Academic journal article
By Albrecht, Christian
Currents in Theology and Mission , Vol. 29, No. 6
It may be surprising when, in my contribution to the debate about women after the Reformation, I focus on the institution of marriage or, to be more precise, on the religious and legal understanding of marriage. However, it is my conviction that the Reformation brought about a threefold change in the perception of women, thereby starting a process which has neither lost its significance nor yet come to completion. The first aspect is the doctrine of the priesthood of all believers, which implies an enhanced religious competence of women. The second aspect is the abolition of celibacy in the Protestant church, which led to the construction of a new model, namely, the family of a pastor in which the pastor's wife plays an enhanced role in the house and especially in the education of children. The third aspect is that of a new understanding of a woman as a partner in marriage, and this is due to a changed legal concept of marriage. I mainly want to address this last point, for here we can gain a distinct underst anding of the social and cultural consequences of the Reformation for the self-understanding of women and their real options for life in society.
I suggest a simple proposition: The Reformation brought into line the secular practice and the religious interpretation of marriage. I develop this proposition in three steps. First, I show that a problematic tension had arisen in the pre-Reformation period between the secular practice and the religious concept of marriage. Second, I identify the main arguments that the Reformers, and Luther in particular, used in order to defuse this tension. Third, I look at the consequences and limits of this conceptual modification.
We need to remind ourselves that the medieval church contributed greatly to the establishment of marriage as a legal institution. The eleventh and twelfth centuries saw the founding of cities at an increasing pace. This was mainly based on the economic conditions of craftsmen, merchants, and farmers. Within this social context, and especially since the fourteenth century, a legally concluded marriage no longer remained the privilege of the nobility. Instead, it became possible to enter into marriage on an economic basis provided by trade and farming. Thus, certain sections of the population, which so far had not been able to marry, acquired the right to become independent from extended households and could set up their own households. (This process eventually contributed to the evolution of early modern society.) The medieval church supported this development by encouraging a form of marriage based on mutual consent. The legal status of marriage no longer depended on a permission to marry from parents or over lords. Rather, an agreement between a bride and a groom was sufficient for the validity of a marriage. The main purpose of ecclesiastical support for marriage by consent was to prevent the disorder of illegitimate cohabitation. At the same time, however, the church effectively made it easier for men and women to enter into a legally recognized relationship and to have legally recognized, i.e. legitimate, children. The medieval church basically contributed to the establishment of marriage as a widespread and reliable legal institution.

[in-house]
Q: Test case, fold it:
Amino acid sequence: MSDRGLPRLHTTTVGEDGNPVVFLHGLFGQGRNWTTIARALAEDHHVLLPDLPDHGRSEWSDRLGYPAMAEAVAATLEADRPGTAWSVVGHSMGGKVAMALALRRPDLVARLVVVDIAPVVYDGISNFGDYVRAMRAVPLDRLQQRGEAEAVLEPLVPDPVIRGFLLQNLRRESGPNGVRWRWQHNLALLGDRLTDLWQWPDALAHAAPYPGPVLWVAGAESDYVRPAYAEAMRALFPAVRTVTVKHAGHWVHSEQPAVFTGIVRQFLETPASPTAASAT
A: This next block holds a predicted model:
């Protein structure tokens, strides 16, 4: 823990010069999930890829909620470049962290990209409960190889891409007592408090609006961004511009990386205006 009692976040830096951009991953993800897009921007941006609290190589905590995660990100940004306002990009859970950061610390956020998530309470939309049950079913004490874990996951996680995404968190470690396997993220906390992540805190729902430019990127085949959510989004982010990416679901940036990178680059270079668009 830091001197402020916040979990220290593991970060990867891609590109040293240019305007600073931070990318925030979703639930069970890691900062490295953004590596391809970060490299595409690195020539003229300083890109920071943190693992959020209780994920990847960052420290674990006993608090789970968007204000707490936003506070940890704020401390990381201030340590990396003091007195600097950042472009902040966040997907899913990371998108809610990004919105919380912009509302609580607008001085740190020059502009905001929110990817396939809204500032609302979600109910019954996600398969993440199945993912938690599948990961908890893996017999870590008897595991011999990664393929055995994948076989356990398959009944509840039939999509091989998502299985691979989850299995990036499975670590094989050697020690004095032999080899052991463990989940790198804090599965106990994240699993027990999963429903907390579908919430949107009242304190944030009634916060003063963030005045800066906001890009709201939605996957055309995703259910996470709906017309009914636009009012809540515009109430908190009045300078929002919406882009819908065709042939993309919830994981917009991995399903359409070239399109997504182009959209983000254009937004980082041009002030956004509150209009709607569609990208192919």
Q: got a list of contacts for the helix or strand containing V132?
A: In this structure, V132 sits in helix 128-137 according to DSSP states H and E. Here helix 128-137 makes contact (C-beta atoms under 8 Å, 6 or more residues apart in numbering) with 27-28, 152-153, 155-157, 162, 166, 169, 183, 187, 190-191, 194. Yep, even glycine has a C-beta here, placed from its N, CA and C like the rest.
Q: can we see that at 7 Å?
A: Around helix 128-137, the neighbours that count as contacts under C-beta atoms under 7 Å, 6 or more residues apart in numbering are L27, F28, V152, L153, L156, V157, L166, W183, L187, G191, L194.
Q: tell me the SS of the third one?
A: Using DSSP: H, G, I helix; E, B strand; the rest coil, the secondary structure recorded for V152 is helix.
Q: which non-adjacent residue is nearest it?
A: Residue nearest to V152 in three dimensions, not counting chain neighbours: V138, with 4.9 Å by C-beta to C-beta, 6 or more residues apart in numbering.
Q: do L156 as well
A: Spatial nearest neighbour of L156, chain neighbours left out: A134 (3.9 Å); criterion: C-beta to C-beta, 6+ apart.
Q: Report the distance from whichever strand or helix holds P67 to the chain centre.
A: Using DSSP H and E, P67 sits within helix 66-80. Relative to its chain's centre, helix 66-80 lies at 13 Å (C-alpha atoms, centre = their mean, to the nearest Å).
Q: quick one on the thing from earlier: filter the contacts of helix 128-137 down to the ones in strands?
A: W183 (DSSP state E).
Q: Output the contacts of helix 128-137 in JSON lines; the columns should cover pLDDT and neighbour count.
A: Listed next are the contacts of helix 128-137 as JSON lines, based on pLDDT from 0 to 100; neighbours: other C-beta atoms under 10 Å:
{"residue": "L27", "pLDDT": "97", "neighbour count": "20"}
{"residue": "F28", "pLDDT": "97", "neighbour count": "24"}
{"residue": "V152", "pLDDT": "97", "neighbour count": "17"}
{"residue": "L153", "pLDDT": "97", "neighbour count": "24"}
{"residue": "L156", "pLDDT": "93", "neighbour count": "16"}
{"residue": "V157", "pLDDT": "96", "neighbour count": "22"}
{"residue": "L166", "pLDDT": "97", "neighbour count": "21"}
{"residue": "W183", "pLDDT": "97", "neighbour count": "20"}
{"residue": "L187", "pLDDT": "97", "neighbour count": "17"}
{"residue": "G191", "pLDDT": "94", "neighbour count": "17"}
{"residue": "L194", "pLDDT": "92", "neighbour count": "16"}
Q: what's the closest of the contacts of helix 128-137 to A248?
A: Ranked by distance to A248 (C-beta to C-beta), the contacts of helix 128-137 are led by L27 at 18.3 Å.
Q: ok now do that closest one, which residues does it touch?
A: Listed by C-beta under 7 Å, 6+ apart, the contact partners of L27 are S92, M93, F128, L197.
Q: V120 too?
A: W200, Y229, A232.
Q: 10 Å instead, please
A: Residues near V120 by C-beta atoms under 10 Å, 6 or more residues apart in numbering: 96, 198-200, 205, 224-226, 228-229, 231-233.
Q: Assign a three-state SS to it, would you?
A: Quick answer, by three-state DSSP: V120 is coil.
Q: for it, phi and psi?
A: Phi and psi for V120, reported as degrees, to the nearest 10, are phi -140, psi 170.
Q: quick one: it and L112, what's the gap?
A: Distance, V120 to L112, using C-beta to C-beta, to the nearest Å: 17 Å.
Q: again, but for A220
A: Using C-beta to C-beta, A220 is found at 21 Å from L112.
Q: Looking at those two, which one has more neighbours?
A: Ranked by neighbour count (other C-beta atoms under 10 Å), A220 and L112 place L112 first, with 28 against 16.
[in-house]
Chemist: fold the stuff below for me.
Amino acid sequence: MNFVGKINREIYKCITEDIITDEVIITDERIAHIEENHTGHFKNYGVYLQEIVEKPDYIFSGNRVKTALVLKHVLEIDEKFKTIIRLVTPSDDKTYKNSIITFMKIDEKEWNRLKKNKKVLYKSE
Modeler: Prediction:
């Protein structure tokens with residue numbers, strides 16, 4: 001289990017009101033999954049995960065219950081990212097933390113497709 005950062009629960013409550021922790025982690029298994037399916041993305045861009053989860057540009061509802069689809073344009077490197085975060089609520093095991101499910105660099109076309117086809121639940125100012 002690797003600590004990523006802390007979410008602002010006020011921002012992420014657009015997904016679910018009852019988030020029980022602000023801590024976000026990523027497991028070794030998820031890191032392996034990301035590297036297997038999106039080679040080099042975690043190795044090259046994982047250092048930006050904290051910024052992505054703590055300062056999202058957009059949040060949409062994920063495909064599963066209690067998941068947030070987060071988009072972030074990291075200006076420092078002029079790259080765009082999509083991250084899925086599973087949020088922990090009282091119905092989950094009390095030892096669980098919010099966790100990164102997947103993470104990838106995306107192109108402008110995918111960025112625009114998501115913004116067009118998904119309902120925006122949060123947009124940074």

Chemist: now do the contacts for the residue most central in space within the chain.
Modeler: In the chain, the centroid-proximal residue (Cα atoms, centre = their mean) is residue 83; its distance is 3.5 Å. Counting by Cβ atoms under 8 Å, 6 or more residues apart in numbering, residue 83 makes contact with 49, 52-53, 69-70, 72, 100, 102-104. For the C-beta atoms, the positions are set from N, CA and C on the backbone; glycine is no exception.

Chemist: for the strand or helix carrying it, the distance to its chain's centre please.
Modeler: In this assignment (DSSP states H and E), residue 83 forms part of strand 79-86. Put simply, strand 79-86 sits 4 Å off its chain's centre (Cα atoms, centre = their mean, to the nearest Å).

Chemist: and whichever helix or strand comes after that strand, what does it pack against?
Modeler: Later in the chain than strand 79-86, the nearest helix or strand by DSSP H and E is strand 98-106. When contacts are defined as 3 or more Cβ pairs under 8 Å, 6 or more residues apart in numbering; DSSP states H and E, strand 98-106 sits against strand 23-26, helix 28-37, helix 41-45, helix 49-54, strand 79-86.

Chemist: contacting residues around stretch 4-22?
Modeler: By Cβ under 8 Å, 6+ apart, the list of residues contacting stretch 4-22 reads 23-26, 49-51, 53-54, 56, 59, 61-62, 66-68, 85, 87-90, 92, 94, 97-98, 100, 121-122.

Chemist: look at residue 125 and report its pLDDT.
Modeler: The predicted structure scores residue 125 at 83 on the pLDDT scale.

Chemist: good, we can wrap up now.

Hand in hand with this establishment of marriage went the church's vigorous enforcement of celibacy on the clergy and its emphasis on a qualitative difference between clerical or monastic life and married life. The status of the clergy was regarded as an outstanding status and more pleasing to God than any other form of noncelibate and noncontinent life among the laity. What had started as the promotion of a process of modernization led to an impasse with the separation between marriage as a legal institution and cultural practice on the one hand, and the devaluating religious understanding of marriage on the other. Another conflict resulted from the indissolubility of marriage after marriage had come to be seen as a sacrament in 1184 C. …